Church of Scientology in Sydney Hosts a Multicultural Festival Honoring Those Who Serve the Community

At a multicultural festival to honor community service, hosted at the Church of Scientology Advanced Organization in Sydney, Australia, local Scientology Volunteer Ministers demonstrate how a Scientology assist can help people overcome the stress and trauma that so often comes with disasters.

Honoring those who serve the community in time of need

The Church of Scientology Advanced Organization in Sydney, Australia, hosted the “Thanking Festival” of the Australian Multicultural Arts & Values (AMAV) that honored 48 community groups for their outstanding service to the community. 

Guests learned to apply first aid skills such as CPR and the care of injuries. And the lead Volunteer Minister of the Church of Scientology of Sydney demonstrated a simple Scientology assist—one of a series of techniques developed by humanitarian and Scientology Founder L. Ron Hubbard to help people recover from the stress and trauma so often present in times of disaster. 

Scientology Volunteer Ministers were awarded for their help in times of disaster including their response to the devastating floods in the New South Wales town of Euwgora.
The Volunteer Ministers of the Church of Scientology Sydney were awarded for their help in times of disaster including their work in Eugowra in the wake of devastating floods.

The Scientology Volunteer Ministers were among those awarded for their response in the wake of last year’s devastating floods that damaged some 80 percent of the homes and businesses of the New South Wales town of Eugowra. In addition to weeks salvaging belongings, digging homes and businesses out of the mud and restoring order to local farms, they also helped residents overcome the emotional and spiritual effects of the disaster. The work of these volunteers is featured in a video in an interactive timeline on the Scientology website.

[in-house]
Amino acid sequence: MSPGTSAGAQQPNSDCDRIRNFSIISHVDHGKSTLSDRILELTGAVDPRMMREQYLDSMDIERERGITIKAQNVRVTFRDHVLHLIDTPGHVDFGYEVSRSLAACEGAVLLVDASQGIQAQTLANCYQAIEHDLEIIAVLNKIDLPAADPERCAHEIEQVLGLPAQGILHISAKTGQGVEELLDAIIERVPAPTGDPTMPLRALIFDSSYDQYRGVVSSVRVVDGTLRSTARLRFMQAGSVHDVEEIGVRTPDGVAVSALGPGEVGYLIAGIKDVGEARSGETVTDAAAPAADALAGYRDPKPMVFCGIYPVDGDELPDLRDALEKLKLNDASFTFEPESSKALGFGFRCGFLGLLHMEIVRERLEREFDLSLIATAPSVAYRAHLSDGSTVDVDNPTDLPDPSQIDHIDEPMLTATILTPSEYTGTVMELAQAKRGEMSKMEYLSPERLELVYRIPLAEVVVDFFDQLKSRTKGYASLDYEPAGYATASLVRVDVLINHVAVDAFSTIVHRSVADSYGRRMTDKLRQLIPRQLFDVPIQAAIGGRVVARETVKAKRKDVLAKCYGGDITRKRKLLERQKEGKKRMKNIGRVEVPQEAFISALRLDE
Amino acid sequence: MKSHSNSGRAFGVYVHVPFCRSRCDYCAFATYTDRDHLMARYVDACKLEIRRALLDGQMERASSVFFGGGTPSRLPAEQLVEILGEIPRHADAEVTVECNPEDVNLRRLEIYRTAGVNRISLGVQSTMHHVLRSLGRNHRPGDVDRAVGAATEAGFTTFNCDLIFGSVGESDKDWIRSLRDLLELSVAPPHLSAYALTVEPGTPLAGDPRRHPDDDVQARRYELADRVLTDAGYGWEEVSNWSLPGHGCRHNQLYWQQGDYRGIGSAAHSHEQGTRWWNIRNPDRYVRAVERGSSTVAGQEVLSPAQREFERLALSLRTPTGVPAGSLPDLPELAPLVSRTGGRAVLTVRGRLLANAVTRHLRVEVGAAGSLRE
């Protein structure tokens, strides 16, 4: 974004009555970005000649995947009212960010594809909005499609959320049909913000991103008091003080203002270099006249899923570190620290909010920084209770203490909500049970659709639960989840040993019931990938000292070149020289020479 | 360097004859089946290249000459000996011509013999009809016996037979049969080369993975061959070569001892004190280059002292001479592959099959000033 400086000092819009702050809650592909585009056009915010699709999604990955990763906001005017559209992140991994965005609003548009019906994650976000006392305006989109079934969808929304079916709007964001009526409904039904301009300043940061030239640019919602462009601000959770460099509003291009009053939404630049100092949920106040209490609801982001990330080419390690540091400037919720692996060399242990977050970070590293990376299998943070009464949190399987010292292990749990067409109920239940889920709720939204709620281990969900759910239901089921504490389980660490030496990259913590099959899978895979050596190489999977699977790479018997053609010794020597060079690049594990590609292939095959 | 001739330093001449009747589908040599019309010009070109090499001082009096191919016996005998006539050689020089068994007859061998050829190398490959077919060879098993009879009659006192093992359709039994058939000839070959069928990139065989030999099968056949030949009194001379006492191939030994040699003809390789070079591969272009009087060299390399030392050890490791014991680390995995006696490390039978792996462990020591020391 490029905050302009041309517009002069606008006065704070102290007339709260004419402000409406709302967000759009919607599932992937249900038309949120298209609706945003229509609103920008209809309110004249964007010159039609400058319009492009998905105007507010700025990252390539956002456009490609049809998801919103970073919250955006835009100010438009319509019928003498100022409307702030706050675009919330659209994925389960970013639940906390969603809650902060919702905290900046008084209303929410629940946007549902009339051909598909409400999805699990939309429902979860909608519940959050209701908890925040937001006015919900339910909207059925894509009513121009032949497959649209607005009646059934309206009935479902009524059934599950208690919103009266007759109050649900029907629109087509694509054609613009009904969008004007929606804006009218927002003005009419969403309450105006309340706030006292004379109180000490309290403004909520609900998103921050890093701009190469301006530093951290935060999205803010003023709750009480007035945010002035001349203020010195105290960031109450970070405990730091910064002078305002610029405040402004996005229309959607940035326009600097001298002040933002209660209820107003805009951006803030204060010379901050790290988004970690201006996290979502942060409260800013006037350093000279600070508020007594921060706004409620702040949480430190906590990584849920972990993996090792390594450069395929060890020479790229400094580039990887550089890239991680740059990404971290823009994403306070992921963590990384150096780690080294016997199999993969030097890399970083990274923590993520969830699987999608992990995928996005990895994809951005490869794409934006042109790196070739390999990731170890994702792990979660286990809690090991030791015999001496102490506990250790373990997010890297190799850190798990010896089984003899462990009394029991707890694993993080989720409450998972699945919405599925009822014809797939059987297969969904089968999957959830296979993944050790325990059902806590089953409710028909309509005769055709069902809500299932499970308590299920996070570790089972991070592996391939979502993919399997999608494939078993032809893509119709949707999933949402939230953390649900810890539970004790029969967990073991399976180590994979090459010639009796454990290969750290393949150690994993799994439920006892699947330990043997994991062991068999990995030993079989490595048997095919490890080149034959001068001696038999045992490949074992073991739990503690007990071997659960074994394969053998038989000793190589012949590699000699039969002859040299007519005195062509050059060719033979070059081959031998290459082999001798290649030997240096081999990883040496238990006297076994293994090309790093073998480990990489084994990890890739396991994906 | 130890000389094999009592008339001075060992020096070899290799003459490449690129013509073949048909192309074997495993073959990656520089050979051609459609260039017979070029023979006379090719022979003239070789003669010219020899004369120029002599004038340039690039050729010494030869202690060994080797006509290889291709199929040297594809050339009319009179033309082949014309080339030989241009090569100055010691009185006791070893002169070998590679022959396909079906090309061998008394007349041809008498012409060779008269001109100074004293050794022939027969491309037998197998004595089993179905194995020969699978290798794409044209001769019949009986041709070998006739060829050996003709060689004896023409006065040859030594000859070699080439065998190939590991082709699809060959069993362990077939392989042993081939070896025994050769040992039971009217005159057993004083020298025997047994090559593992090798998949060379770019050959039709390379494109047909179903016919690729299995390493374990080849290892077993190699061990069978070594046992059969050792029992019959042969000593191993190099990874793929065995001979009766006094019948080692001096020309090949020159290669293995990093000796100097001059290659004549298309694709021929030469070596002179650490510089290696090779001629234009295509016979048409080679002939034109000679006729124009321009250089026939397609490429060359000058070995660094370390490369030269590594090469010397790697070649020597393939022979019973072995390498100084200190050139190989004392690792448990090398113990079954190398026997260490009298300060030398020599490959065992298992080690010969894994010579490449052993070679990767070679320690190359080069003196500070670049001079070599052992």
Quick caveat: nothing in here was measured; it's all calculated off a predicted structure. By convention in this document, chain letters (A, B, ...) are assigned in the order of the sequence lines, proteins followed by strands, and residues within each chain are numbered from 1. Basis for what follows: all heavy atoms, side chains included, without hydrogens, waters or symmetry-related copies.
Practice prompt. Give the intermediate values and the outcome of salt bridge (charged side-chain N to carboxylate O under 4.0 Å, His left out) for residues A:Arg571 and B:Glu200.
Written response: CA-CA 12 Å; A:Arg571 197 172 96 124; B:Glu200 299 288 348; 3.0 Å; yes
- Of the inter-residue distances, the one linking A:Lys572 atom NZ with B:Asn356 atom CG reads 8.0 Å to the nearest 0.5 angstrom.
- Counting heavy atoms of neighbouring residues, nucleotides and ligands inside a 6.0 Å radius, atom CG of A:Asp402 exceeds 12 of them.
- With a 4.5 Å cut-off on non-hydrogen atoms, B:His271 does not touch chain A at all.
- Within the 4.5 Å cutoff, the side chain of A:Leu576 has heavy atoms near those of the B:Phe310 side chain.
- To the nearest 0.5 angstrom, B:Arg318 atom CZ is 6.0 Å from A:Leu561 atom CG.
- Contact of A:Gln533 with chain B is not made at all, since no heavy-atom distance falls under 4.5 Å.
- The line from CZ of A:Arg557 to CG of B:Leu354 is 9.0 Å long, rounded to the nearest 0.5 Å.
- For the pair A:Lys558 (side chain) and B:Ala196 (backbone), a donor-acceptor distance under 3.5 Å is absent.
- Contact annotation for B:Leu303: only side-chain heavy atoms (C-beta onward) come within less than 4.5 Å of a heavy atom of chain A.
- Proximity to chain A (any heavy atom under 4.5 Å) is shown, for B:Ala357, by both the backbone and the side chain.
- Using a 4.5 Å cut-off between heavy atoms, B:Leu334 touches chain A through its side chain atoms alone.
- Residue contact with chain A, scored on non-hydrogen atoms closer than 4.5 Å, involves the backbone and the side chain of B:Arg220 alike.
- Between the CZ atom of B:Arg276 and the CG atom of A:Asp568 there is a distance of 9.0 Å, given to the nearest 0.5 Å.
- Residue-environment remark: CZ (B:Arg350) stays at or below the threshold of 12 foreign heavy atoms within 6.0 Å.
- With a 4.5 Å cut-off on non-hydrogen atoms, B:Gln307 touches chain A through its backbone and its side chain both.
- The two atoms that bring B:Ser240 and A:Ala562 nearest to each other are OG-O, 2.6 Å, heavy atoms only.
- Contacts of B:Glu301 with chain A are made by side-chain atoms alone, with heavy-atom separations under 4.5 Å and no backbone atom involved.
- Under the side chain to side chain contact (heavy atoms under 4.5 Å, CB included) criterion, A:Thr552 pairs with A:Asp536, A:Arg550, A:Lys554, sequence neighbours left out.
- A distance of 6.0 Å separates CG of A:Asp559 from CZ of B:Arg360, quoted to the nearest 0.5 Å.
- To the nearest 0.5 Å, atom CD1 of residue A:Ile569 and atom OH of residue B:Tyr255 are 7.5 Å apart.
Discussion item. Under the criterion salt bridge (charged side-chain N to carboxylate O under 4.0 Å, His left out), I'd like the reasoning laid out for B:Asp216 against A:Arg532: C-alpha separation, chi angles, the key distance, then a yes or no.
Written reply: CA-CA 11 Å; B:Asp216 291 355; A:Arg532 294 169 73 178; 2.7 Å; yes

“When the Volunteer Ministers came,” says one Eugowra resident, “it was a calming influence” as they cleared away “the most horrendous debris … working day and night virtually.” “They saw something that needed doing and they did something about it,” said another. “It made all the difference to me,” said yet another person helped by the volunteers. “Made me feel like I had friends and support.”

The bright yellow T-shirts and jackets of the Scientology Volunteer Ministers are a welcome and familiar sight in times of disaster. Firefighters battling the annual bushfires that devastate the country appreciate their personal care. The Volunteer Ministers provide water and food and a place to relax between shifts. And firefighters often comment that Scientology assists make it possible for them to continue their work despite arduous conditions and lack of sleep.

The Scientology Volunteer Ministers program is a religious social service developed in mid-1970s by Scientology Founder L. Ron Hubbard, who wrote: “If one does not like the crime, cruelty, injustice and violence of this society, he can do something about it. He can become a Volunteer Minister and help civilize it, bring it conscience and kindness and love and freedom from travail by instilling into it trust, decency, honesty and tolerance.”

Their motto is no matter the circumstances, “Something can be done about it.”

The work of the Volunteer Ministers of Sydney is featured in an episode of the original series Destination Scientology on the Scientology Network. And the story of how the religion harnessed the full power of its global network of facilities and volunteers to respond to the COVID-19 pandemic with the largest humanitarian mobilization in the Church’s history is documented in the new feature-length film, Operation: Do Something About It.

Both films are available on the Scientology Network on DIRECTV Channel 320, DIRECTV STREAM, AT&T U-verse, at, on mobile apps and via the Roku, Amazon Fire and Apple TV platforms. Since launching with an introduction by Scientology ecclesiastical leader Mr. David Miscavige in March 2018, the Scientology Network has been viewed in 240 countries and territories in 17 languages.

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